Many of my clients ask a lot of questions about interest rates for mortgage loans when they are shopping for houses. I have asked Todd Wiggins, a loan officer with First Community Mortgage in Brentwood, Tenn., to be my guest blogger today so he can answer some of your interest rate questions for 2016.
"I'm often asked about mortgage interest rates and where they are headed. Of course, if I knew the answer, I'd be on Wall Street (or Las Vegas) and not originating mortgage loans. However, even the "experts" can't predict where rates are going. Still, I subscribe to and follow mortgage market experts and share their knowledge with my clients to assist in their lock decisions. Here is some of what I'm hearing about mortgage rates in 2016.
First, let me dispel the myth that mortgage rates go up when the Fed increases their rate, as done in December. The Fed Funds Rate does not directly correlate with mortgage rates, and its influence on mortgage rates is marginal, at best. So what does this rate do? It is the target rate at which banks lend money to each other on an overnight basis. That rate has been near zero percent for around eight years. Why has it been so low? The over-simplified answer is that it's to stimulate the economy. The cheaper it is to borrow, the more likely we are to spend, which stimulates growth. However, a low Fed Funds Rate can lead to inflation and have other ill effects on our economy as a whole. The Fed has been watching inflation, unemployment numbers, and a myriad of other factors waiting for the right moment to increase the rate as they did in December. There has been much speculation as to further increases, however most recent forecasts I've heard project little to no increase in the Fed Funds Rate for the remainder of 2016.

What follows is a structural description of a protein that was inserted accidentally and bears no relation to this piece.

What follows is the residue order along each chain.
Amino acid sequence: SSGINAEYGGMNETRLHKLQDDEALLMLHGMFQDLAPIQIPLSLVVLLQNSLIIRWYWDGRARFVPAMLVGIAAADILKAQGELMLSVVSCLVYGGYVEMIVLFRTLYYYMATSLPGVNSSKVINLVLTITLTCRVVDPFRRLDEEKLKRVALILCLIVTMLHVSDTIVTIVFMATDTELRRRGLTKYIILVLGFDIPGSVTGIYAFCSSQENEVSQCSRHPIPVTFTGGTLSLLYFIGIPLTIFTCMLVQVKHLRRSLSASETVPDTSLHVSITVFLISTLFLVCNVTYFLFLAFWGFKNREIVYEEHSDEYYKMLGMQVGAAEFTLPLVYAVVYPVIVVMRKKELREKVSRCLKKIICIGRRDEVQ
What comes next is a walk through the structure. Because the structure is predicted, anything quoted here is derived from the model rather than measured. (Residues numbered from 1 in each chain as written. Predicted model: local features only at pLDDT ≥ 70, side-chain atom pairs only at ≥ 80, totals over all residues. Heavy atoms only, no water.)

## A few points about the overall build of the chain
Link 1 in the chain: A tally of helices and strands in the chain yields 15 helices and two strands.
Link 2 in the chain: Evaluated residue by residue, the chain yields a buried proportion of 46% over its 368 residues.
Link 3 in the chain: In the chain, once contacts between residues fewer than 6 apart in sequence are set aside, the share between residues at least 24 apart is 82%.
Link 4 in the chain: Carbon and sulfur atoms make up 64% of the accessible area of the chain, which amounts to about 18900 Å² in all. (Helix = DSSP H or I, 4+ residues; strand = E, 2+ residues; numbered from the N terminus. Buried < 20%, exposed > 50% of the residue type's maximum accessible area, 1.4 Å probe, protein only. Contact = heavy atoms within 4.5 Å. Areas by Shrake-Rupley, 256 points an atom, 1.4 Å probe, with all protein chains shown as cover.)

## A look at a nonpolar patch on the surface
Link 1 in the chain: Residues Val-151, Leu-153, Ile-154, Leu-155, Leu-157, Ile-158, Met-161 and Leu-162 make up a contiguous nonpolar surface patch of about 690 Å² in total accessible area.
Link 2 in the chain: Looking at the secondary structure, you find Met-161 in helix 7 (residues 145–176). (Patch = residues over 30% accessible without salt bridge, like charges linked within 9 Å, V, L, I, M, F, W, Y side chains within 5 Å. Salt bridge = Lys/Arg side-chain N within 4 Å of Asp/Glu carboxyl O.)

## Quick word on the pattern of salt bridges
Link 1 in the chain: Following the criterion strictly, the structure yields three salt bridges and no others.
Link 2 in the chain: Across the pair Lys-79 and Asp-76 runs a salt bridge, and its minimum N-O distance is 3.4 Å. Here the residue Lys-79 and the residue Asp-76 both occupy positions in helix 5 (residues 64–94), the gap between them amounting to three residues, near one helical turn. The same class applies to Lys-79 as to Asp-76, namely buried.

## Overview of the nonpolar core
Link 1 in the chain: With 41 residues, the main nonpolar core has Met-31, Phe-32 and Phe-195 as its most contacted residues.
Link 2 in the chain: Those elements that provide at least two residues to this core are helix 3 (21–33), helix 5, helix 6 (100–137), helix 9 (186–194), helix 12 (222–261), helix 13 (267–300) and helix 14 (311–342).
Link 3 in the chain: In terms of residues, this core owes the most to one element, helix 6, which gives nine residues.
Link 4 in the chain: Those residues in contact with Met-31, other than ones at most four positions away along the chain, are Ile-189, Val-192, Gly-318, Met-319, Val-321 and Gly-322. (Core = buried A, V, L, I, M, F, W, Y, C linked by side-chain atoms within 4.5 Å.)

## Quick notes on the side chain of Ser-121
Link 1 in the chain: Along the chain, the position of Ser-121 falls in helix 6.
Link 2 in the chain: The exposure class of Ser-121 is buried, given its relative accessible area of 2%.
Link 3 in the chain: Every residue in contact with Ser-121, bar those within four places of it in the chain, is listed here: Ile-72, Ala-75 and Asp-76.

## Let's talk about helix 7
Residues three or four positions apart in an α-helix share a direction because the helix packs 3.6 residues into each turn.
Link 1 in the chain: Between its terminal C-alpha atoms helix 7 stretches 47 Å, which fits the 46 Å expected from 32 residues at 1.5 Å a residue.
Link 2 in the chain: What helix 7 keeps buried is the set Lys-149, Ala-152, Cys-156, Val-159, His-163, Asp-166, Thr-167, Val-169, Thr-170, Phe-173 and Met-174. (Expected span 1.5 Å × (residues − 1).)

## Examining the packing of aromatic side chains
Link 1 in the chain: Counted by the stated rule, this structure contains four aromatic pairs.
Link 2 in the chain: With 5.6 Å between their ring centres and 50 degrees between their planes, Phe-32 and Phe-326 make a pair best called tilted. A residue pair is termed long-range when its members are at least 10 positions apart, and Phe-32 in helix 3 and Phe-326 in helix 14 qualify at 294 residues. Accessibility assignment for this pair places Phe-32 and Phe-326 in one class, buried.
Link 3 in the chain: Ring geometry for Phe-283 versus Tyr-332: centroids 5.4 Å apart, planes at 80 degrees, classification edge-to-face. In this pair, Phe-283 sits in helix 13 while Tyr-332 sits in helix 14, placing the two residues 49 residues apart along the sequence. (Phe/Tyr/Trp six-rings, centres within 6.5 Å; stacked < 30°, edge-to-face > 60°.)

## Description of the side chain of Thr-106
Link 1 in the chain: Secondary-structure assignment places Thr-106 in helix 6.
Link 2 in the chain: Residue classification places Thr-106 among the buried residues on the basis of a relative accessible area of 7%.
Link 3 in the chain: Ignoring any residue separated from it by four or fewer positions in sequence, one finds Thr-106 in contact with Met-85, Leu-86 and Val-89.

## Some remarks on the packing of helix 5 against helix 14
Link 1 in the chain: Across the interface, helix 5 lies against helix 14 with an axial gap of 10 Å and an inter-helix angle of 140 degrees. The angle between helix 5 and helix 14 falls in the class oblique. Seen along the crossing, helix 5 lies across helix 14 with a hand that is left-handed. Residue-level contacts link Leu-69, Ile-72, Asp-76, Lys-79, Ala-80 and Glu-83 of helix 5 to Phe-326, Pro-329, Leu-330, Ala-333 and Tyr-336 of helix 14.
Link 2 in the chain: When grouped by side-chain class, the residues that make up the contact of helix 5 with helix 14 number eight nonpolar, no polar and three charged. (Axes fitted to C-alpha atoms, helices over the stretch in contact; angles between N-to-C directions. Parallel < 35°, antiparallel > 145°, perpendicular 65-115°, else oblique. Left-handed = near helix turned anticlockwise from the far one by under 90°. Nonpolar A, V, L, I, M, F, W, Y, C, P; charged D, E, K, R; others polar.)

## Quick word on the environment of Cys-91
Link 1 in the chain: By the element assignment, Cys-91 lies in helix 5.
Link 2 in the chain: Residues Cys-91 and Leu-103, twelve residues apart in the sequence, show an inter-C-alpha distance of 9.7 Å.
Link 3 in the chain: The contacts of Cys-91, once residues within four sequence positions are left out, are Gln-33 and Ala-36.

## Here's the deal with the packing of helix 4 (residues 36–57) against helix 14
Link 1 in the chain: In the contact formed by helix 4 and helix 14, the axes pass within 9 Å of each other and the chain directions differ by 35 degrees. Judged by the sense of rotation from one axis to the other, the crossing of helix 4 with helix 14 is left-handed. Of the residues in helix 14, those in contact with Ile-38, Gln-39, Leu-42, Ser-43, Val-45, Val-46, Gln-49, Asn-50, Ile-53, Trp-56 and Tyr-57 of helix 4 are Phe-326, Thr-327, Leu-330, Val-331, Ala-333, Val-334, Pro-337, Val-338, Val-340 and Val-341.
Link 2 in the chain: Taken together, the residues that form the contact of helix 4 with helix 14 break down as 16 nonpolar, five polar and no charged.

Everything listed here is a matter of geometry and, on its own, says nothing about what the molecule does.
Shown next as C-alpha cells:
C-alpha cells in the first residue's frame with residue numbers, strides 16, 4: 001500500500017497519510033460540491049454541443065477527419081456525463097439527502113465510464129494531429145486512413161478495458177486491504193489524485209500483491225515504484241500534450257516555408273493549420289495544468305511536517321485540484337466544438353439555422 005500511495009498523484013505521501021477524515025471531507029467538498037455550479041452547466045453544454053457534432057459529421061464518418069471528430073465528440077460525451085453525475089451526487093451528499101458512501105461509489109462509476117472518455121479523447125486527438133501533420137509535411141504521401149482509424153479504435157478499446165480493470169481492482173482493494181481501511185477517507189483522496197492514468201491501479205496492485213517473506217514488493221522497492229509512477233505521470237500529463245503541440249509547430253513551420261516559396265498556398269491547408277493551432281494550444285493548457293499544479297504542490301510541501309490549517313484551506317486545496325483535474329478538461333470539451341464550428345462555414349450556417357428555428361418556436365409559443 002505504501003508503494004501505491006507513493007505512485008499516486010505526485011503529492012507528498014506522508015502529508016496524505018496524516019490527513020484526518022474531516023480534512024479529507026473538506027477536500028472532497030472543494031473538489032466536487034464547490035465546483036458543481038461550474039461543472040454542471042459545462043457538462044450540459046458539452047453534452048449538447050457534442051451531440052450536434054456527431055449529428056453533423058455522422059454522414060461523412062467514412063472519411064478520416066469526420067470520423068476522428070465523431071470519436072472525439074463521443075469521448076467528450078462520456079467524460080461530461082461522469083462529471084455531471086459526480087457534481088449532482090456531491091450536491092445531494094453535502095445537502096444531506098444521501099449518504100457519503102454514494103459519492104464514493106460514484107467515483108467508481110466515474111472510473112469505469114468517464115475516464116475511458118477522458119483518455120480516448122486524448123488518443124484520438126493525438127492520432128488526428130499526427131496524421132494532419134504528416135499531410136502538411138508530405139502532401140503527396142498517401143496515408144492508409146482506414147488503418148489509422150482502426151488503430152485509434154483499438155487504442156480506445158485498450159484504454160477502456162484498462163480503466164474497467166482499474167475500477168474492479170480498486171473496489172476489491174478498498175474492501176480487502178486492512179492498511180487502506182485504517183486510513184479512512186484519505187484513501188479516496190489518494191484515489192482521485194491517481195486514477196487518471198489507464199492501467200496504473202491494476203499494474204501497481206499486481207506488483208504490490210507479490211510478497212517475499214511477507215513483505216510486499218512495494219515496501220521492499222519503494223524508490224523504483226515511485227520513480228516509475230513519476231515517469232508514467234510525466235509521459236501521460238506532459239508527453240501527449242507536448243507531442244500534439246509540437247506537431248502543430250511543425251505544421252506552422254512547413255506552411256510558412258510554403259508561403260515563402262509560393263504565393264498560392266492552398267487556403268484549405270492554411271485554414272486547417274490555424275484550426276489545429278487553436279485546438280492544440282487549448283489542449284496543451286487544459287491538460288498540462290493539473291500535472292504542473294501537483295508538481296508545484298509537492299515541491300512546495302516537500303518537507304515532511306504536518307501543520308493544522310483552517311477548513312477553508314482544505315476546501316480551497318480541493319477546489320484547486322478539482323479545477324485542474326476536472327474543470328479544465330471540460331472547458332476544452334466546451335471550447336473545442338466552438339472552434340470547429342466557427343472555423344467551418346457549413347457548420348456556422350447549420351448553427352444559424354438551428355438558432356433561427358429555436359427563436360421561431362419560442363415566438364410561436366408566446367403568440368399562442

So, if the Fed doesn't directly impact mortgage rates, what does? Rates are tied more directly to the bond market. As bond prices rise, mortgage rates tend to fall and vice versa. Generally speaking, a strong US economy will attract investors and risk-takers, making the more conservative bond market less attractive. This results in lower bond prices and higher mortgage rates. Conversely, an uncertain stock market can help bonds and mortgage rates. Bond markets are often influenced by events abroad. In today's world economy we are seeing our US markets impacted more frequently and directly from geopolitical events. Take a look at how China's devalued currency has affected our markets recently.
With so many factors influencing mortgage rates, one can see how difficult it is to predict their future. The experts I listen to are less optimistic about our U.S. economy than our administration, and they see potential issues abroad that could drive investors into the safe-haven bond market. While this is not likely to lead to a significant drop in mortgage rates and another refinance boom, it will likely help to maintain the current rate environment throughout the year.
I advise my clients that buying a home should not be predicated by interest rates but by the need or the opportunity. When it is time to consider that move, it is helpful, though, to have a mortgage advisor who has the resources to help you understand the market and to make the most of your dollar. While I can't predict the future, I can certainly help you understand and assess your present."
Todd Wiggins, Loan Officer
750 Old Hickory Blvd, Bldg One, Ste 262
Brentwood, TN 37027